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### Work 10: 9/28

posted Sep 28, 2018, 11:08 AM by JonAlf Dyrland-Weaver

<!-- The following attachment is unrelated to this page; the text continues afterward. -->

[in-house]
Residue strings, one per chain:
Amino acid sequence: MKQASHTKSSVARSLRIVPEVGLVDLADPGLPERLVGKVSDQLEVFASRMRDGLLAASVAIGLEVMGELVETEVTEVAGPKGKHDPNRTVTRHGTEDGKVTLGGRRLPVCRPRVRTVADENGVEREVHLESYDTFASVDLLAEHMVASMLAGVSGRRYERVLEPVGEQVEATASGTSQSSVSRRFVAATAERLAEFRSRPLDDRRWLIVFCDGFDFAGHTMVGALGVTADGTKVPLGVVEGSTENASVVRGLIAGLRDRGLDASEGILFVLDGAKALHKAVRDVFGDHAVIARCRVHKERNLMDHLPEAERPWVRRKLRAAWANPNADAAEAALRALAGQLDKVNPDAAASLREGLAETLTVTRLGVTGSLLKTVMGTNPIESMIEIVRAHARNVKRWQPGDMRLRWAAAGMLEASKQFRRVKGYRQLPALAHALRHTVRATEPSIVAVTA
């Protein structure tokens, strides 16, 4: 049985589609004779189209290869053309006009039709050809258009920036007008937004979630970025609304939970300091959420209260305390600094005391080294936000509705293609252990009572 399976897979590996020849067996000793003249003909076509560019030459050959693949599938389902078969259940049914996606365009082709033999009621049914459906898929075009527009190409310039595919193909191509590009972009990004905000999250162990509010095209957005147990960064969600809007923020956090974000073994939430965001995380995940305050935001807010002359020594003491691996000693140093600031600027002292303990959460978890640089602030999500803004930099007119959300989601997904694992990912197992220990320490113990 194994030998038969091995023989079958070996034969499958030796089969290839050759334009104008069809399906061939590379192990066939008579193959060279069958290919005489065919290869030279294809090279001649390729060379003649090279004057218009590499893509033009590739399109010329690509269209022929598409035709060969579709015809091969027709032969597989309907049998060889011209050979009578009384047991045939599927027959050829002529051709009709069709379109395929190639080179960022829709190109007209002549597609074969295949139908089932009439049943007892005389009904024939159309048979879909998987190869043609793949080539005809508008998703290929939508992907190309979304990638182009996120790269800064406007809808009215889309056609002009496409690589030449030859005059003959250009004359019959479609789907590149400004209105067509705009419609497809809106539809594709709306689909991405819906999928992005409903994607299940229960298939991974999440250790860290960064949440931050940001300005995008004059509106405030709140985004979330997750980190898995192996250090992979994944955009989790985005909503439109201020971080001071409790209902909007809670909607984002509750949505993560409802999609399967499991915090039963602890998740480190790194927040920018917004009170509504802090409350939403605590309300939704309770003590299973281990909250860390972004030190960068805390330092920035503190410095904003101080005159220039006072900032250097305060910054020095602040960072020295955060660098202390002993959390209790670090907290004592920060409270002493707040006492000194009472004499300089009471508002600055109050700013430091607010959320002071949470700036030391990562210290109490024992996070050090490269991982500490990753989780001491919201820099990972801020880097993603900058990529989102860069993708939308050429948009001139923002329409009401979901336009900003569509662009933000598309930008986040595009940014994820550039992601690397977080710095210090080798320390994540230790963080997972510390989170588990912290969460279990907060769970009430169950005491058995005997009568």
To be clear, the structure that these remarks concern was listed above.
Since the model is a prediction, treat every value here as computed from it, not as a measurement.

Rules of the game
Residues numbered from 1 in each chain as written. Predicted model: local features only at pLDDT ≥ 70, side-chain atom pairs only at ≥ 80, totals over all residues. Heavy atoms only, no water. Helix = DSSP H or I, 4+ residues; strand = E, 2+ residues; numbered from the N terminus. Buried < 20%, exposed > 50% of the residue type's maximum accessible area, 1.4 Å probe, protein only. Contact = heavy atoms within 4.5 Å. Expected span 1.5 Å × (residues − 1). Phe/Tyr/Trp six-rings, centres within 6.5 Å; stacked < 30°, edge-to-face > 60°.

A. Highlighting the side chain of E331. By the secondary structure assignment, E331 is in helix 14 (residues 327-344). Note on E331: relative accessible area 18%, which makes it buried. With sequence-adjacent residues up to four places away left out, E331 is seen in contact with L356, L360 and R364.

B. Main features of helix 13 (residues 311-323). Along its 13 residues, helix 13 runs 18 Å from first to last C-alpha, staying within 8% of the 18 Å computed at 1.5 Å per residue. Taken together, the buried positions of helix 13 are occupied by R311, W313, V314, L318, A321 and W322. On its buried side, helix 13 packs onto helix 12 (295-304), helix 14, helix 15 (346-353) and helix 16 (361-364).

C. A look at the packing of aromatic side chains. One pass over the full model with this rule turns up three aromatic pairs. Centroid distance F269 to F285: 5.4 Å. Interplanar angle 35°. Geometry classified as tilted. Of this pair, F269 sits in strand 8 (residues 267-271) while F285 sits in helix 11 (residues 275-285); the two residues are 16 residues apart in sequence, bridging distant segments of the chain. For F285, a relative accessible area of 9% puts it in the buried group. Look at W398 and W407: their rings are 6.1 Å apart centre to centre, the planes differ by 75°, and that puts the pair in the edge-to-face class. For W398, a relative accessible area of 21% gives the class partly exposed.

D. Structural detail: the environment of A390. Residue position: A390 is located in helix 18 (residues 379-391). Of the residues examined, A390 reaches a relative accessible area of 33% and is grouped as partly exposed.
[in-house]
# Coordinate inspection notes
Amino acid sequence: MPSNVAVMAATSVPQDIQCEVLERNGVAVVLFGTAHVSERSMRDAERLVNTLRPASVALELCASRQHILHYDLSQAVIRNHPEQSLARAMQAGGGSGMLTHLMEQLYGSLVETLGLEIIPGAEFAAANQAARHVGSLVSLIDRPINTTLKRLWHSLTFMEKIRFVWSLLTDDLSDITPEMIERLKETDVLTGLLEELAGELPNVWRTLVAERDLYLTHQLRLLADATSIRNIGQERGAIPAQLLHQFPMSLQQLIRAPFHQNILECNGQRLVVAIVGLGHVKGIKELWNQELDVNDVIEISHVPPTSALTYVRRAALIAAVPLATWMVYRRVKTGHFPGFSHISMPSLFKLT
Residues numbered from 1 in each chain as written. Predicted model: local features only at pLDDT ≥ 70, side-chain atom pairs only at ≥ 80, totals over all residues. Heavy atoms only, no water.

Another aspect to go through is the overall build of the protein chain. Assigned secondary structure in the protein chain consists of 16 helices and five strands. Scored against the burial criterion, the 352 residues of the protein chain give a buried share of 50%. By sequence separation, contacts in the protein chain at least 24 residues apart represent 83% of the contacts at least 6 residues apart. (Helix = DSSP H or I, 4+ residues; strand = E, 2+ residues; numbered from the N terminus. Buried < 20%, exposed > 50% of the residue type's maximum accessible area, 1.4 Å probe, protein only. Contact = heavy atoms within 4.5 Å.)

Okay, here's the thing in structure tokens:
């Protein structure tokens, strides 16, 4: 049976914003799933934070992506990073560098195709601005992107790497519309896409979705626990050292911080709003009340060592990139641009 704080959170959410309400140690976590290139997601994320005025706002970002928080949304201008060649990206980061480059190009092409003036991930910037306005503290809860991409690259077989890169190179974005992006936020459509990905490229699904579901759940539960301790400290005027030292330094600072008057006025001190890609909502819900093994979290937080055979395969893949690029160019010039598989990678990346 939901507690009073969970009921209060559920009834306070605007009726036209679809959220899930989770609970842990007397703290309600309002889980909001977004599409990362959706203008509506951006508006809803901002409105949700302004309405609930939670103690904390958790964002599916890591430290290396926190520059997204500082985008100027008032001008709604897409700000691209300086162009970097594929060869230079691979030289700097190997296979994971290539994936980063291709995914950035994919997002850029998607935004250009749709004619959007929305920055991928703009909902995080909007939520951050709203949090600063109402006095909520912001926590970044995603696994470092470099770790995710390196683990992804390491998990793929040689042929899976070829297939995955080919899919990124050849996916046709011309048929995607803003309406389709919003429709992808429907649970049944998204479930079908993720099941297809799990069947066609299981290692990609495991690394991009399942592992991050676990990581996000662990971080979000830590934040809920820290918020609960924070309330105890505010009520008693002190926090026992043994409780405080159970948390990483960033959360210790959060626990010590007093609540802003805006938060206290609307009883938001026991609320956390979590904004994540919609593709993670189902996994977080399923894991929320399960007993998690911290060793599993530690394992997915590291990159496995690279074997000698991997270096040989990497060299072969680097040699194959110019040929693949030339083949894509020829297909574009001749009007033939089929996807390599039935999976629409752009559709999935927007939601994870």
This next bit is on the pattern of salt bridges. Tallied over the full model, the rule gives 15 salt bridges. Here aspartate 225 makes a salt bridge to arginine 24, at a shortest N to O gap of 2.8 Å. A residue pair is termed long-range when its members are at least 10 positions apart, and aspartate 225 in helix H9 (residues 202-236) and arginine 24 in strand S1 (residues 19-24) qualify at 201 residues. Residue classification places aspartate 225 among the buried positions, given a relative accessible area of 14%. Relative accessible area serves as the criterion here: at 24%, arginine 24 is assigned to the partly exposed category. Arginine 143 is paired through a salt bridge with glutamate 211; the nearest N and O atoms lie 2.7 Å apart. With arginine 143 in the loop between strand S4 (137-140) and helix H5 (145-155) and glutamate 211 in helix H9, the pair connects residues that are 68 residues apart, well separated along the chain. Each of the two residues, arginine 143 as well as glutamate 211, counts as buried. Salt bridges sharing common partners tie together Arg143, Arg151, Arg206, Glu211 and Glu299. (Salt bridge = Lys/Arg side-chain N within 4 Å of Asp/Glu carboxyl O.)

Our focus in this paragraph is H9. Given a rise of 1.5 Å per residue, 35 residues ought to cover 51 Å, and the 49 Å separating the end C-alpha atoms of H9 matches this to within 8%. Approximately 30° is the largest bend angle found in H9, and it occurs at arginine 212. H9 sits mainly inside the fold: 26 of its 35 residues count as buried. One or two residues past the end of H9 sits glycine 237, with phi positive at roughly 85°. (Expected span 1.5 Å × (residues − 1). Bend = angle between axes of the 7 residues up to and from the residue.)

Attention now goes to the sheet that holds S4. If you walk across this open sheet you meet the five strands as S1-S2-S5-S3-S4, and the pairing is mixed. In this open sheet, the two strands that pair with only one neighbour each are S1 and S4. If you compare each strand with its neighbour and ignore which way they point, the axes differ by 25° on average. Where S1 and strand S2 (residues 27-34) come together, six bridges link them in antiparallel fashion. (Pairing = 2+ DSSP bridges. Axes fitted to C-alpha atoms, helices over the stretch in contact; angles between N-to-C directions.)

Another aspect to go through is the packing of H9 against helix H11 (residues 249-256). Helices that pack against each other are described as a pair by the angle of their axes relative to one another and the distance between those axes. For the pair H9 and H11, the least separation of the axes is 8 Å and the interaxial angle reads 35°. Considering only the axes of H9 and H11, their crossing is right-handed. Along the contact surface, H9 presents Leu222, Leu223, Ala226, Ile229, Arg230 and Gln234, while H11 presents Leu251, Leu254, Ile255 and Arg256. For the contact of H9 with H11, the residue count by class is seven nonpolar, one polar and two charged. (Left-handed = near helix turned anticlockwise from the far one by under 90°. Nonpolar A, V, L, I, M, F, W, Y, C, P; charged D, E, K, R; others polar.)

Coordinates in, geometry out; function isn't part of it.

Write the following racket functions:salePriceTakes 2 arguments, the first represents the original price of an item, the second represents the number of weeks it has been on sale.Returns the current price of the item based on how many weeks it has been on sale.Items on sale for 0 weeks will cost the full amountItems on sale for 1 week will cost 75% of the full amountItems on sale for 2 weeks will cost 50% of the full amountItems on sale for 3 or more weeks will cost 25% of the full amount.Examples(salePrice 200 0) ==> 200(salePrice 200 1) ==> 150(salePrice 200 2) ==> 100(salePrice 200 3) ==> 50productionTakes 2 arguments, the first represents an hour of the day between 6 and 20 (8pm in 24 hour time format), the second represents the number of workers at a factory.Returns the number of widgets produced by the factory in the given hour by the given number of employees.The amount of widgets a worker makes is based on the time of dayBetween 6 and 10 (including 6 but excluding 10) each worker can make 30 widgets in an hour.Between 10 and 14 (including 10 but excluding 14) each worker can make 40 widgets in an hour.Between 14 and 20 (including 14 but excluding 20) each worker can make 35 widgets in an hour.You can assume that only valid times are provided for the hour parameter.Examples(production 8 2) ==> 60(production 13 4) ==> 160(production 17 1) ==> 35isLeapYearTakes a single parameter representing a year.Returns #t if the year is a leap year, and #f if it is notThe rules for leap year-ness are as followsYears that are divisible by 4 are leap years, except:Years that are divisible by 100 are not leap years except:Years that are divisible by 400 are leap years.Examples(isLeapYear 2012) ==> #t(isLeapYear 1900) ==> #f(isLeapYear 2000) ==> #t(isLeapYear 1983) ==> #fIn case you don't believe me about the leap year rules: http://en.wikipedia.org/wiki/Leap_yearSubmit this as: conds